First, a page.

The association between retinal vein pulsation pressure and optic disc haemorrhages in glaucoma

Dong An, Philip House, Christopher Barry, Andrew Turpin, Allison M. McKendrick, Balwantray C. Chauhan, Siobhan Manners, Stuart L. Graham, Dao Yi Yu, William H. Morgan*

*Corresponding author for this work

Research output: Contribution to journalArticlepeer-review

3 Citations (Scopus)
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Abstract

Purpose: To explore the potential relationship between optic disc haemorrhage, venous pulsation pressure (VPP), ocular perfusion pressures and visual field change in glaucomatous and glaucoma suspect eyes. Materials and methods: This prospective observational study examined 155 open angle glaucoma or glaucoma suspect eyes from 78 patients over 5 years. Patients were followed with 3 monthly non-mydriatic disc photographs, 6 monthly standard automated perimetry and annual ophthalmodynamometry. The number of disc haemorrhages in each hemidisc was counted across the study period. Visual field rate of change was calculated using linear regression on the sensitivity of each location over time, then averaged for the matching hemifield. VPP and central retinal artery diastolic pressure (CRADP) were calculated from the measured ophthalmodynanometric forces (ODF). The difference between brachial artery diastolic pressure (DiastBP) and CRADP was calculated as an index of possible flow pathology along the carotid and ophthalmic arteries. Results: Mean age of the cohort was 71.9 ± 7.3 Years. 76 out of 155 eyes (49%) followed for a mean period of 64.2 months had at least 1 disc haemorrhage. 62 (81.6%) of these 76 eyes had recurrent haemorrhages, with a mean of 5.94 recurrences over 64.2 months. Using univariate analysis, rate of visual field change (P<0.0001), VPP (P = 0.0069), alternative ocular perfusion pressure (CRADP–VPP, P = 0.0036), carotid resistance index (DiastBP–CRADP, P = 0.0108) and mean brachial blood pressure (P = 0.0203) were significantly associated with the number of disc haemorrhages. Using multivariate analysis, increased baseline visual field sensitivity (P = 0.0243, coefficient = 0.0275) was significantly associated with disc haemorrhage, in conjunction with higher VPP (P = 0.0029, coefficient = 0.0631), higher mean blood pressure (P = 0.0113, coefficient = 0.0190), higher carotid resistance index (P = 0.0172, coefficient = 0.0566), and rate of visual field loss (P<0.0001, coefficient = -2.0695). Conclusions: Higher VPP was associated with disc haemorrhage and implicates the involvement of venous pathology, but the effect size is small. Additionally, a greater carotid resistance index suggests that flow pathology in the ophthalmic or carotid arteries may be associated with disc haemorrhage.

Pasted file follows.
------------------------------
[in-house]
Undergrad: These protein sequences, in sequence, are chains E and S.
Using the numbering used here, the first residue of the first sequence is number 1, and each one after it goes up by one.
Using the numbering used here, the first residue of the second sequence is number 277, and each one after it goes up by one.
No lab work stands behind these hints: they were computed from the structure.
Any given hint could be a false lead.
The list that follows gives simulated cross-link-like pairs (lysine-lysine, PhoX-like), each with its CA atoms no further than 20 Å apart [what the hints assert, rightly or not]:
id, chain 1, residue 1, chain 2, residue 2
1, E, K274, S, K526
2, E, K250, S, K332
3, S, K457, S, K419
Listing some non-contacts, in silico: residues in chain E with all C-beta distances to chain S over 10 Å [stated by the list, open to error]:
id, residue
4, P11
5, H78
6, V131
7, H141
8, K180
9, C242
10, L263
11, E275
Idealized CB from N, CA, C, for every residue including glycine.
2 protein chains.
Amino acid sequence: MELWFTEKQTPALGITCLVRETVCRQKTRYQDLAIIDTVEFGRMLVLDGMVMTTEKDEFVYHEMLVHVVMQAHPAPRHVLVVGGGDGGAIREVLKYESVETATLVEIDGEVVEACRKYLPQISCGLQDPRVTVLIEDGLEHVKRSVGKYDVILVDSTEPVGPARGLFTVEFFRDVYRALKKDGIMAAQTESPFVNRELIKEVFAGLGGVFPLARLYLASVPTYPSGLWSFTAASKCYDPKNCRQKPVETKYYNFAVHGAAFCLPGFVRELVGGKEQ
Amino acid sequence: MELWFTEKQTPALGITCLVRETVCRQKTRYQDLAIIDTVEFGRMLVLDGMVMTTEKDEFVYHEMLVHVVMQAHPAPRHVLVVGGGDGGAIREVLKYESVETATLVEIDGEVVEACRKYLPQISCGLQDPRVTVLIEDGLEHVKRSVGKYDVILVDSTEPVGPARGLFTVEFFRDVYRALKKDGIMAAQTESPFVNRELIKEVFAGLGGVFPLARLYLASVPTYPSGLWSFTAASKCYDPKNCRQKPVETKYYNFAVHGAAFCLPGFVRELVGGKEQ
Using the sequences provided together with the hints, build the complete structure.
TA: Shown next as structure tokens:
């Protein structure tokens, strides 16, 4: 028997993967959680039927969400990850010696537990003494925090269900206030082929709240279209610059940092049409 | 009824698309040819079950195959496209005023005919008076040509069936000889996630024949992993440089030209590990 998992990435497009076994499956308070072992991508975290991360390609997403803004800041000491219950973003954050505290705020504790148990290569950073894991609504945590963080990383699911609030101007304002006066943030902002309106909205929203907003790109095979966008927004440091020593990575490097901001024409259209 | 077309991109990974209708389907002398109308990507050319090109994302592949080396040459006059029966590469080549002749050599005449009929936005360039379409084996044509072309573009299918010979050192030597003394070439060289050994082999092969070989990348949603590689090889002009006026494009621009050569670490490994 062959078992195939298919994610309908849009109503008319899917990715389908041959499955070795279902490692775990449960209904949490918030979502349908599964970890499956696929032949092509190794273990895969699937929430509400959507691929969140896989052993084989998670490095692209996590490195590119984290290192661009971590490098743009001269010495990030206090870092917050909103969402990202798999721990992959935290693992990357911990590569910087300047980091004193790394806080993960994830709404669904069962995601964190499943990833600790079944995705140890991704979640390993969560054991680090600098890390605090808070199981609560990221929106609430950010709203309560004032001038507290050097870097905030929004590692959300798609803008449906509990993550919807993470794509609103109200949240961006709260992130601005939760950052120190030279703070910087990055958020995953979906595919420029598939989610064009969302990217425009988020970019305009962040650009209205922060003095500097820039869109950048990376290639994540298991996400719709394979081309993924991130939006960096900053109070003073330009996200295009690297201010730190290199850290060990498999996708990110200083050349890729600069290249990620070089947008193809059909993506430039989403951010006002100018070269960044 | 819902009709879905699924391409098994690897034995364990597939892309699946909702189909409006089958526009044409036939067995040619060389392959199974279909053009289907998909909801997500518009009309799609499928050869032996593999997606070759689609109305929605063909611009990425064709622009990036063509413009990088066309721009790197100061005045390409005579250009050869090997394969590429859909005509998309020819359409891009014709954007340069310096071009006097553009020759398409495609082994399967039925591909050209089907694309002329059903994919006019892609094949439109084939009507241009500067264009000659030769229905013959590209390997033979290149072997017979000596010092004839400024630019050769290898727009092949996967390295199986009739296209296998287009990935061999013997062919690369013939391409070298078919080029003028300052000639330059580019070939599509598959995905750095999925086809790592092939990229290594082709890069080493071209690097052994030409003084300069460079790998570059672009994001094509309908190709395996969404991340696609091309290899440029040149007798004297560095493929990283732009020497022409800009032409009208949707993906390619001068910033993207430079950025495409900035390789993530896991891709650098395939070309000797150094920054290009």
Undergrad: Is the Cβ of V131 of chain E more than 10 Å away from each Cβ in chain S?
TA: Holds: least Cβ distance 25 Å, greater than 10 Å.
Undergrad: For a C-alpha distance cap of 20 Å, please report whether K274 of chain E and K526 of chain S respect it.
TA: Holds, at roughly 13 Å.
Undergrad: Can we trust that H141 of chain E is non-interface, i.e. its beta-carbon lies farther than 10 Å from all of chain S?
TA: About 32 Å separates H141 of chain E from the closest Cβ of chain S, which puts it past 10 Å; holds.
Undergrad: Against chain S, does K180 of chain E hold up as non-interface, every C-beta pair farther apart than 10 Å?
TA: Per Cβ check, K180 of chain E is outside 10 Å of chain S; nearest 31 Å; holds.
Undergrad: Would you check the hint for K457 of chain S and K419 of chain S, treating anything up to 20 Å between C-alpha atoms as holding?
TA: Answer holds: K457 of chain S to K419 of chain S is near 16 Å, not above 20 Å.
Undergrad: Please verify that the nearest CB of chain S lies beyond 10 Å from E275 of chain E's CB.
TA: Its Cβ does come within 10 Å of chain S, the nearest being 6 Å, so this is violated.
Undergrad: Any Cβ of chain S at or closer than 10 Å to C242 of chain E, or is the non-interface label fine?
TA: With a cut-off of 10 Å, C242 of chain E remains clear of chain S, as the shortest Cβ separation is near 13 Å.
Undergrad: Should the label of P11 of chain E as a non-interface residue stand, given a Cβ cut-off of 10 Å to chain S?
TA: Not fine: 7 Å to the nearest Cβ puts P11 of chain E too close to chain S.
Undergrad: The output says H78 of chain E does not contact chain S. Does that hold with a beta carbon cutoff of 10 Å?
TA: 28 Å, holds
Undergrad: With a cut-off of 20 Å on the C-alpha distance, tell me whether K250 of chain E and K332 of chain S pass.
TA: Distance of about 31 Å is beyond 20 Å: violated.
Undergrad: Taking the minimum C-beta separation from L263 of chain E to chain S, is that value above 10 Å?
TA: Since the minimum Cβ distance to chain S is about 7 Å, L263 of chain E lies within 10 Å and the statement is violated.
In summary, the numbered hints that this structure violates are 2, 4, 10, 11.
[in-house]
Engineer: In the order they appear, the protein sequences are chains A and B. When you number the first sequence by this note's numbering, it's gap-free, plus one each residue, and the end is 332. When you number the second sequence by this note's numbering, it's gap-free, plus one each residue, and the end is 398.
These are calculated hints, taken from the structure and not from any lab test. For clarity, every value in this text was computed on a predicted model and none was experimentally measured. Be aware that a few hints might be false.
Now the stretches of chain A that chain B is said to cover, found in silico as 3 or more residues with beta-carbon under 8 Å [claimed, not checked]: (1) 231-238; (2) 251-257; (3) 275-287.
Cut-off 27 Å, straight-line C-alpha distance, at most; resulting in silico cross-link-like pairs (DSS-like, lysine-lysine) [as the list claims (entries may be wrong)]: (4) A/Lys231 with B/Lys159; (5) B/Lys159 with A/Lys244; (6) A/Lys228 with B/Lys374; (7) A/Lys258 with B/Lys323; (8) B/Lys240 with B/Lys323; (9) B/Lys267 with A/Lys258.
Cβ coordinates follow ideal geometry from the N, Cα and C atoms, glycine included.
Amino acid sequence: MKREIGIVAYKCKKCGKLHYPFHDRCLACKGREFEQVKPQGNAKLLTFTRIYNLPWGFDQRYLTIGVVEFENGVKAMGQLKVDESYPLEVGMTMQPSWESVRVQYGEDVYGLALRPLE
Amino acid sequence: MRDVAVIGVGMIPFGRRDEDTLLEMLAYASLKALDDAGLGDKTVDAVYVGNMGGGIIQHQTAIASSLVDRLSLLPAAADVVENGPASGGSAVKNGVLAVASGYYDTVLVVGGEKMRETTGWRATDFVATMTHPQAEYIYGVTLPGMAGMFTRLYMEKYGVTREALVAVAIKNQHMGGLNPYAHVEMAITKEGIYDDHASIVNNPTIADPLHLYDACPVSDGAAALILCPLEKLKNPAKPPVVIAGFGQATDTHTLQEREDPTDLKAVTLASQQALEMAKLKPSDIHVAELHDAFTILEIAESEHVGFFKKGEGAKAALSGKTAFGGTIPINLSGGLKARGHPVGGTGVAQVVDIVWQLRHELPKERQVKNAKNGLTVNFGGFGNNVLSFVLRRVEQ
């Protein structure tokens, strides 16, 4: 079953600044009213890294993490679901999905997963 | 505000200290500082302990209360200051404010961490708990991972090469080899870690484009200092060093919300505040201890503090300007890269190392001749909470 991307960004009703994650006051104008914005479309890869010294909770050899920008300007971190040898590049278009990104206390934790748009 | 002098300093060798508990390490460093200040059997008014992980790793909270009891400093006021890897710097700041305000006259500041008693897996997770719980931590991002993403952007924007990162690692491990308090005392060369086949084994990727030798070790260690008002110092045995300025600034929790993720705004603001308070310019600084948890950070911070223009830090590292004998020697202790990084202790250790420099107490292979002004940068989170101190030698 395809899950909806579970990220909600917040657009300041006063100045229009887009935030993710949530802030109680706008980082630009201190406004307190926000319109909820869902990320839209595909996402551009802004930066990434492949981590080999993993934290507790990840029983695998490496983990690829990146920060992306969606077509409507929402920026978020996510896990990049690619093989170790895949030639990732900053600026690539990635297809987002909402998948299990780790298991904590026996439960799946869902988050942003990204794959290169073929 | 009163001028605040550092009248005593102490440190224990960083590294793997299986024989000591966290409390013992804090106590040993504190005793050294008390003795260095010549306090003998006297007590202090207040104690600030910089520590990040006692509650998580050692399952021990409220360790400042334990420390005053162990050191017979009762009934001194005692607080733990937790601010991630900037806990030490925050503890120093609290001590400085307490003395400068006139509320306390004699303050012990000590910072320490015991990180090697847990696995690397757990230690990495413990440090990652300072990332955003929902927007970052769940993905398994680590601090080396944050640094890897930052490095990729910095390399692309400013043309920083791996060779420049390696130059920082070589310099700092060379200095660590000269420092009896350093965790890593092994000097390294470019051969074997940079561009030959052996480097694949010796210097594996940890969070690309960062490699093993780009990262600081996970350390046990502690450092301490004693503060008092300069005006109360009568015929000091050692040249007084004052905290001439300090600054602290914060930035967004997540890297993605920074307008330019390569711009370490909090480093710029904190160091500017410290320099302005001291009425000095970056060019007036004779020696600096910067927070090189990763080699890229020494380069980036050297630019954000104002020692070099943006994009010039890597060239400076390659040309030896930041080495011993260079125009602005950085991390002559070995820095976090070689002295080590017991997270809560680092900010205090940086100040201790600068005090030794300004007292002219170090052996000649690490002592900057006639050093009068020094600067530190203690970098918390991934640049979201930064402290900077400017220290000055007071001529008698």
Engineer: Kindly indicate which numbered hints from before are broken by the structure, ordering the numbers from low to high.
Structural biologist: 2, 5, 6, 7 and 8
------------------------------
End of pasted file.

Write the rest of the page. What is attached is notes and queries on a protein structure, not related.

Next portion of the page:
Original languageEnglish
Article numbere0182316
Pages (from-to)1-14
Number of pages14
JournalPLoS ONE
Volume12
Issue number7
DOIs
Publication statusPublished - 1 Jul 2017

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